In defending Nevada's ban on gay
marriage, the administration of Governor Brian Sandoval, a
Republican, argues that the ban is rooted in history and “not based
on policy whimsy.”
In 2012, U.S. District Judge Robert
Jones upheld the state's ban, writing that the U.S. Constitution's
guarantee of equal protection does not prohibit “the People of the
State of Nevada from maintaining statutes that reserve the
institution of civil marriage to one-man – one-woman
Lambda Legal, which is representing the
case's 8 plaintiff couples, appealed the ruling to the Ninth U.S.
Circuit Court of Appeals in San Francisco, arguing that Nevada's ban
violates the constitutional rights of gay couples.
In its brief, filed Tuesday, the state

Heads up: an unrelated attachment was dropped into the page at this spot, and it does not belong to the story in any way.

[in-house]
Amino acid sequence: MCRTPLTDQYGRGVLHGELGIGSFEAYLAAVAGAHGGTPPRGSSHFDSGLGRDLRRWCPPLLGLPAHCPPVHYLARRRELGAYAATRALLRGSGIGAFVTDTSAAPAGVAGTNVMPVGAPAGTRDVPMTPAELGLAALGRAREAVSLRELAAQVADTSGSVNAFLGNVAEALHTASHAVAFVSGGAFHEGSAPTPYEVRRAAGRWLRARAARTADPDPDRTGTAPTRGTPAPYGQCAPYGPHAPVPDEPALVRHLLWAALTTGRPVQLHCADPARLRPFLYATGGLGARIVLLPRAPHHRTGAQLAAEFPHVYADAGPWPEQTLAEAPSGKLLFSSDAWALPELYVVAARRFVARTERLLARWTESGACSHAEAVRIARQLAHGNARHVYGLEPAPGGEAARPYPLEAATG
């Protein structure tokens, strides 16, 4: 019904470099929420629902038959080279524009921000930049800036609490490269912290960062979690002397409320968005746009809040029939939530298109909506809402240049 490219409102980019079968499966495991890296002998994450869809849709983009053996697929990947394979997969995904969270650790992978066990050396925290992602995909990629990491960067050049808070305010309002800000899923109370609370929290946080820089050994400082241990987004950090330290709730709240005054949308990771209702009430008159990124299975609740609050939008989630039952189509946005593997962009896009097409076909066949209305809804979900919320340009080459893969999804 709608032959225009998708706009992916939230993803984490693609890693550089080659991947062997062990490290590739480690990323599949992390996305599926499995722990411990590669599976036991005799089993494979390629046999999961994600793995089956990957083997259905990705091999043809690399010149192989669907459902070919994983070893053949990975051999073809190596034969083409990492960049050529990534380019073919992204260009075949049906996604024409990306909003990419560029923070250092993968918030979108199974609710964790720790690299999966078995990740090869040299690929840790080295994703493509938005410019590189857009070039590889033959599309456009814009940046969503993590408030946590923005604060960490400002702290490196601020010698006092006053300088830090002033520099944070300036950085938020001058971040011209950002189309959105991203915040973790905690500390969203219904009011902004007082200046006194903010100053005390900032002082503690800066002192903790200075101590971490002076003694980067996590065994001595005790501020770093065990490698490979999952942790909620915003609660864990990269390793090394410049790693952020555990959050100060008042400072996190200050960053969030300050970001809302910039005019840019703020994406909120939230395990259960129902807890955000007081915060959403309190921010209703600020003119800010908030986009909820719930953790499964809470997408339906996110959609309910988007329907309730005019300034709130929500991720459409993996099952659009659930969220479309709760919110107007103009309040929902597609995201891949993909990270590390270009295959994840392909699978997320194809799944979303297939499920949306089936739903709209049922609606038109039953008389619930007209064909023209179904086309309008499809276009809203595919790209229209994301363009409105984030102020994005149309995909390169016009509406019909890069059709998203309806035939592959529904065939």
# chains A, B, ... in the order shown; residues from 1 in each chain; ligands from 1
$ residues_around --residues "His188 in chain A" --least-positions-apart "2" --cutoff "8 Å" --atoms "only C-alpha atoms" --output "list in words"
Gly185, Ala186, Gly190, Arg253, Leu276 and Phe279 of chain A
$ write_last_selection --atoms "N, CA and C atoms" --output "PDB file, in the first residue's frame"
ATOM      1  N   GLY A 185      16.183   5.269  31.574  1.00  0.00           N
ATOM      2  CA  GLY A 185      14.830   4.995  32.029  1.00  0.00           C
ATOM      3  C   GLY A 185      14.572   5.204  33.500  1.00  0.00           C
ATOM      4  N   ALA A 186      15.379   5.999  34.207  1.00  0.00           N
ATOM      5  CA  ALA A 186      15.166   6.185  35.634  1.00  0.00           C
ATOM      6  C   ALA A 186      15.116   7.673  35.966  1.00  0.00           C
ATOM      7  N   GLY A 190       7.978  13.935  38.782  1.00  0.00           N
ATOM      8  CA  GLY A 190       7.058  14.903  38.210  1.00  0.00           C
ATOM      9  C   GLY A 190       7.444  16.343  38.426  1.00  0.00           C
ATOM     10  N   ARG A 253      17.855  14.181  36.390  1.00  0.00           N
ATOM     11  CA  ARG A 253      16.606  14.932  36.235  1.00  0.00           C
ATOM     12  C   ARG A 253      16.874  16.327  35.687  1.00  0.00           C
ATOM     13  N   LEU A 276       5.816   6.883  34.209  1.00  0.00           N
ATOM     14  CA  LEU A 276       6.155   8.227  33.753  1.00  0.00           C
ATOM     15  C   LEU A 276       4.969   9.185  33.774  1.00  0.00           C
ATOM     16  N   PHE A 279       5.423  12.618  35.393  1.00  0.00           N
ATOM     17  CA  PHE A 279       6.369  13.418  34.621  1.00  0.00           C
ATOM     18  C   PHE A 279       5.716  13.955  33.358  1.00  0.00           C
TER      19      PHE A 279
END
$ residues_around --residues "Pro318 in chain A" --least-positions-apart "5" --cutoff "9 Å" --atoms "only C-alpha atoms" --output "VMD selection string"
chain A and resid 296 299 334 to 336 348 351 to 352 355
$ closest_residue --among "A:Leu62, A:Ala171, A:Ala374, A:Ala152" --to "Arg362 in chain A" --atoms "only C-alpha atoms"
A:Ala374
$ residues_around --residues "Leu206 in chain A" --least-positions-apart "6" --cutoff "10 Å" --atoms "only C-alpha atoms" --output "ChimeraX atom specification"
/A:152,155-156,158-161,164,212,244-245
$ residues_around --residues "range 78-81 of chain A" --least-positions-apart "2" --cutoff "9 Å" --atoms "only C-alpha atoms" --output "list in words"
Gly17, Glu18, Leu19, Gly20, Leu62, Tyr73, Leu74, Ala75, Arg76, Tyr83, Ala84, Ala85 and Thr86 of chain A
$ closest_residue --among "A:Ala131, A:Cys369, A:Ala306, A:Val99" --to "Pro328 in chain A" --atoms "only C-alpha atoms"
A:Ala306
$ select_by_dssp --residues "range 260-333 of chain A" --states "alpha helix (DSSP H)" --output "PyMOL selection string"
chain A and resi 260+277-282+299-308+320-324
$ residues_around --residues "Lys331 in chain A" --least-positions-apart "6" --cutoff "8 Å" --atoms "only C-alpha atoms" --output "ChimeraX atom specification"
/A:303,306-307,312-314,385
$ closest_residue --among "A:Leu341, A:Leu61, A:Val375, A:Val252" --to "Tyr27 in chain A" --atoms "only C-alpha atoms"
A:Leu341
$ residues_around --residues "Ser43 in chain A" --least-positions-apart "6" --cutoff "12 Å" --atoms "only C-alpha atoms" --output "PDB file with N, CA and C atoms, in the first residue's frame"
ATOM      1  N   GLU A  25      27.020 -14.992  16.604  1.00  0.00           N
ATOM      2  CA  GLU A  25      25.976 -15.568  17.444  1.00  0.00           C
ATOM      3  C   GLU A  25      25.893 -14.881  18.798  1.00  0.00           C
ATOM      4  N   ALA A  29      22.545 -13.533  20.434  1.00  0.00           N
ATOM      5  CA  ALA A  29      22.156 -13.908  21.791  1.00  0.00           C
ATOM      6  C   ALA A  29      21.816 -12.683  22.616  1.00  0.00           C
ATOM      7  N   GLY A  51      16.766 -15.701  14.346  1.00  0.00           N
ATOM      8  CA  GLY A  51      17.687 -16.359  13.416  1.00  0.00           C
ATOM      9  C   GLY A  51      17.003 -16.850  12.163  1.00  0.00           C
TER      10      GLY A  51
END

“Nevada law that defines marriage to
be between a man and a woman is legitimate, whether measured under
equal protection or due process standards,” the
brief states. “The interest of the state in defining marriage
in this manner is motivated by the state's desire to protect and
perpetuate traditional marriage.”
“Nevada's statutes evince a strong
encouragement of marriage in its traditional form. These laws are
not based on policy whimsy; they are grounded in policy as deeply
rooted as any that exists in Nevada law. … They define Nevada
Lead plaintiffs in the case are two
women in their 70s who have raised 3 children and have 4
grandchildren. Beverly Sevcik and Mary Baranovich have been together
more than four decades.
In 2002, Nevada voters overwhelmingly
approved a constitutional amendment defining marriage as a
heterosexual union. Nevada in 2009 began recognizing gay and lesbian
couples with domestic partnerships, which offer far fewer benefits
than marriage and are not recognized by the federal government.
Last year, lawmakers gave initial
approval to repealing the ban and legalizing gay nuptials in Nevada.
A second vote is needed before going to voters in 2016.